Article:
The principle used in the pressure cooker is that the boiling point of water increases with an increase in pressure. Hence option (a) is the correct answer.
Pressure cooker has a confined space sealed from all side (except valve which is used to release excess pressure). When heat is supplied to the cooker it first increases the temperature of the water. When the temperature of the water reaches 100 degrees Celsius (water’s boiling point at atmospheric pressure) some of it starts converting to steam and starts filing the confined pressure cooker space.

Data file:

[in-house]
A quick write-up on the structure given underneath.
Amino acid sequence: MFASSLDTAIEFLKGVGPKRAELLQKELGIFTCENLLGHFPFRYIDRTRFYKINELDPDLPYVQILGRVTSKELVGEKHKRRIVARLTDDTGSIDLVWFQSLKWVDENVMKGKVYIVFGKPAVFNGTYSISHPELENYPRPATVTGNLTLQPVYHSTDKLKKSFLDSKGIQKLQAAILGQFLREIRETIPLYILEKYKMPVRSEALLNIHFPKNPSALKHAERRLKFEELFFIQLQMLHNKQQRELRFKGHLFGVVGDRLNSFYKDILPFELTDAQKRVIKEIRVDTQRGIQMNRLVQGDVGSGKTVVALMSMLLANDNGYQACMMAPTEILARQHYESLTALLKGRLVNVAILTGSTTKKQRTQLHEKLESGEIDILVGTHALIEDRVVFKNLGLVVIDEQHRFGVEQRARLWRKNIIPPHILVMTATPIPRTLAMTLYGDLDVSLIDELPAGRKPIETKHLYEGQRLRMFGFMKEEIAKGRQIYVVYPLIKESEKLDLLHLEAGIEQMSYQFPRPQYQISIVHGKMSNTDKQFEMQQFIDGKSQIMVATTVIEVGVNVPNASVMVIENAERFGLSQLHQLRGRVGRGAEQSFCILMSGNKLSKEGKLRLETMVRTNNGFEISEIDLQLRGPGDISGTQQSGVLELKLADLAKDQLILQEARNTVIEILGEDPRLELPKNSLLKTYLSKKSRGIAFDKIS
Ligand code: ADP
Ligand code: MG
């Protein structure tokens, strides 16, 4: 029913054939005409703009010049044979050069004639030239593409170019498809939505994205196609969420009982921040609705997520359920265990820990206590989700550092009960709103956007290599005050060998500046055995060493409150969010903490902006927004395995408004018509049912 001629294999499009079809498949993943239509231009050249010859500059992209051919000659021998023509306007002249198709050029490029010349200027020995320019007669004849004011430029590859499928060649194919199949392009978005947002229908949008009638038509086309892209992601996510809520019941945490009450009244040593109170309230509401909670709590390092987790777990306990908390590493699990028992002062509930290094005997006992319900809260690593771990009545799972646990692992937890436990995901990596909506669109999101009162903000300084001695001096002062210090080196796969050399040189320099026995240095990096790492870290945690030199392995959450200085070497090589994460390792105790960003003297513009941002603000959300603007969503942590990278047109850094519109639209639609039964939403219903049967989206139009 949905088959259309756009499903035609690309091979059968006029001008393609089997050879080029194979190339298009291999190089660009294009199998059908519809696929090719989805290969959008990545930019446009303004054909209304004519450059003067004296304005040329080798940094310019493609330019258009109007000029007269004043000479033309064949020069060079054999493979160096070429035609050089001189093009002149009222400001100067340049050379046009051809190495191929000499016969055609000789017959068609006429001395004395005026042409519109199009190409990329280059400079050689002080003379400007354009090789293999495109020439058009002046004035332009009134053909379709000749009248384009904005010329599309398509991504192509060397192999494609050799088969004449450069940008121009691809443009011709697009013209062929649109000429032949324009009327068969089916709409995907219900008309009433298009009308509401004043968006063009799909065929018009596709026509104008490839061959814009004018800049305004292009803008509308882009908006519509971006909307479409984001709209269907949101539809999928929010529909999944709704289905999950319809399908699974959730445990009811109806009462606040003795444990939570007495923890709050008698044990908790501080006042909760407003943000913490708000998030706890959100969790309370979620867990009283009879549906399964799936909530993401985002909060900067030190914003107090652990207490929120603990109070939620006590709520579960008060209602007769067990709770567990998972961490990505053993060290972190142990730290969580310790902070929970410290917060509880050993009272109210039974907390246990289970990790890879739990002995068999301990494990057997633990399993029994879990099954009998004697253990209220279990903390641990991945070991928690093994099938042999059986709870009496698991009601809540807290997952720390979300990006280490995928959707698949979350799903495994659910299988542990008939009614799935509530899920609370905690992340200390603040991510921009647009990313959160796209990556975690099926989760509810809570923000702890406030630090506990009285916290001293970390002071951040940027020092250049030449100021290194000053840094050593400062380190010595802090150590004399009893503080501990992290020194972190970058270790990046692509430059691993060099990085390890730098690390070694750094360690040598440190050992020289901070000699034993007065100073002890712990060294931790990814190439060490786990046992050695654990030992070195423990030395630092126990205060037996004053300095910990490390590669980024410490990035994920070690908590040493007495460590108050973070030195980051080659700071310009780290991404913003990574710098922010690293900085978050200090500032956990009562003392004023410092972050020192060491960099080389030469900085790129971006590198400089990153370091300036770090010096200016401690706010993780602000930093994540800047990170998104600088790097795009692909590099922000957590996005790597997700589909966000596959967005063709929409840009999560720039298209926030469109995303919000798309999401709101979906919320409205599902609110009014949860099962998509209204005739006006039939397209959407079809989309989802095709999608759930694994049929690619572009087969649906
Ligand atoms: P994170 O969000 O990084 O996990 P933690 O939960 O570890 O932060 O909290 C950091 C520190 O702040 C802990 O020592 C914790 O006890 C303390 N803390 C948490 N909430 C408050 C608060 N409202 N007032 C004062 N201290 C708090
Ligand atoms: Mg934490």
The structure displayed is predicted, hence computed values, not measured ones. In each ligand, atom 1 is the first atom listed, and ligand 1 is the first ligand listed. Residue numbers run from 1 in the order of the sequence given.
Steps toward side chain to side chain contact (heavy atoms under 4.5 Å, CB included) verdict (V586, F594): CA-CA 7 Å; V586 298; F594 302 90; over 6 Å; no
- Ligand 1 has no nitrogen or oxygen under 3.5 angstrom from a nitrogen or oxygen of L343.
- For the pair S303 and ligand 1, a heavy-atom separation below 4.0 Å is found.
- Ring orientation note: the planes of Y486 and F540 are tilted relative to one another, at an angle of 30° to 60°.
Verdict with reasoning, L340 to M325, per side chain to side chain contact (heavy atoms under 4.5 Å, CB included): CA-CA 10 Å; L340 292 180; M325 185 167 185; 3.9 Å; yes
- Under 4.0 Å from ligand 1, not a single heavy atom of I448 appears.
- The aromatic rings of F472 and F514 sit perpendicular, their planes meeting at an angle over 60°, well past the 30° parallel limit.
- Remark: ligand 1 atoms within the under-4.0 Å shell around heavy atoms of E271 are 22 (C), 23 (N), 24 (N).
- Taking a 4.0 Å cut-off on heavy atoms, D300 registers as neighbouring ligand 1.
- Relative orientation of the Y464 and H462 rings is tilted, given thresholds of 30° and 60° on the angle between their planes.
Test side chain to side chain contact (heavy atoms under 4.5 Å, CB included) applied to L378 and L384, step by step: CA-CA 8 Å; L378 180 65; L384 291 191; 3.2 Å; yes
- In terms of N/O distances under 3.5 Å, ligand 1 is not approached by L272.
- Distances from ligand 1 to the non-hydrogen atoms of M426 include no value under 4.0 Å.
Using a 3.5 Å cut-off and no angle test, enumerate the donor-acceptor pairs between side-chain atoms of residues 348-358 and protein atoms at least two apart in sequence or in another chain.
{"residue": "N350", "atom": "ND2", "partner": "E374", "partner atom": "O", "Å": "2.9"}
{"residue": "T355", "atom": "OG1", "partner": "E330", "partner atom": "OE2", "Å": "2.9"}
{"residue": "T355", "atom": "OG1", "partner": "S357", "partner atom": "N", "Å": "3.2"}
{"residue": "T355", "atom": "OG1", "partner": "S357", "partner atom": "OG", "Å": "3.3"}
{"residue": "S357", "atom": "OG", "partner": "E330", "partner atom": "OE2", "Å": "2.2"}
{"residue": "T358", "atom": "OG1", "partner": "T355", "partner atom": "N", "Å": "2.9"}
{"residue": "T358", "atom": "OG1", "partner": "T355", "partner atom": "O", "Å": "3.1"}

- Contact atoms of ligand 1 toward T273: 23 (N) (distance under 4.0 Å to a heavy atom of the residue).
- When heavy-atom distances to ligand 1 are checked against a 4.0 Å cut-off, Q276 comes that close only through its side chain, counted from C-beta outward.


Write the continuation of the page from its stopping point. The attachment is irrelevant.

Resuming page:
Since steam is gaseous, it takes more space than water and covers all the vacant space insider cooker. With further heating, it reaches a point where there is no more space for the gaseous steam in the cooker and due to confined volume/space in the cooker, it gets compressed.
This compression increases the pressure inside the cooker to more than atmospheric pressure which in turn increases the boiling point of the remaining water (as the boiling point of water increases with increasing pressure).
Now the water which could go only up to 100 degrees Celsius under atmospheric pressure, goes beyond 100 degrees Celsius. Higher temperature of water means higher transfer of heat to food kept in it and hence the faster cooking.
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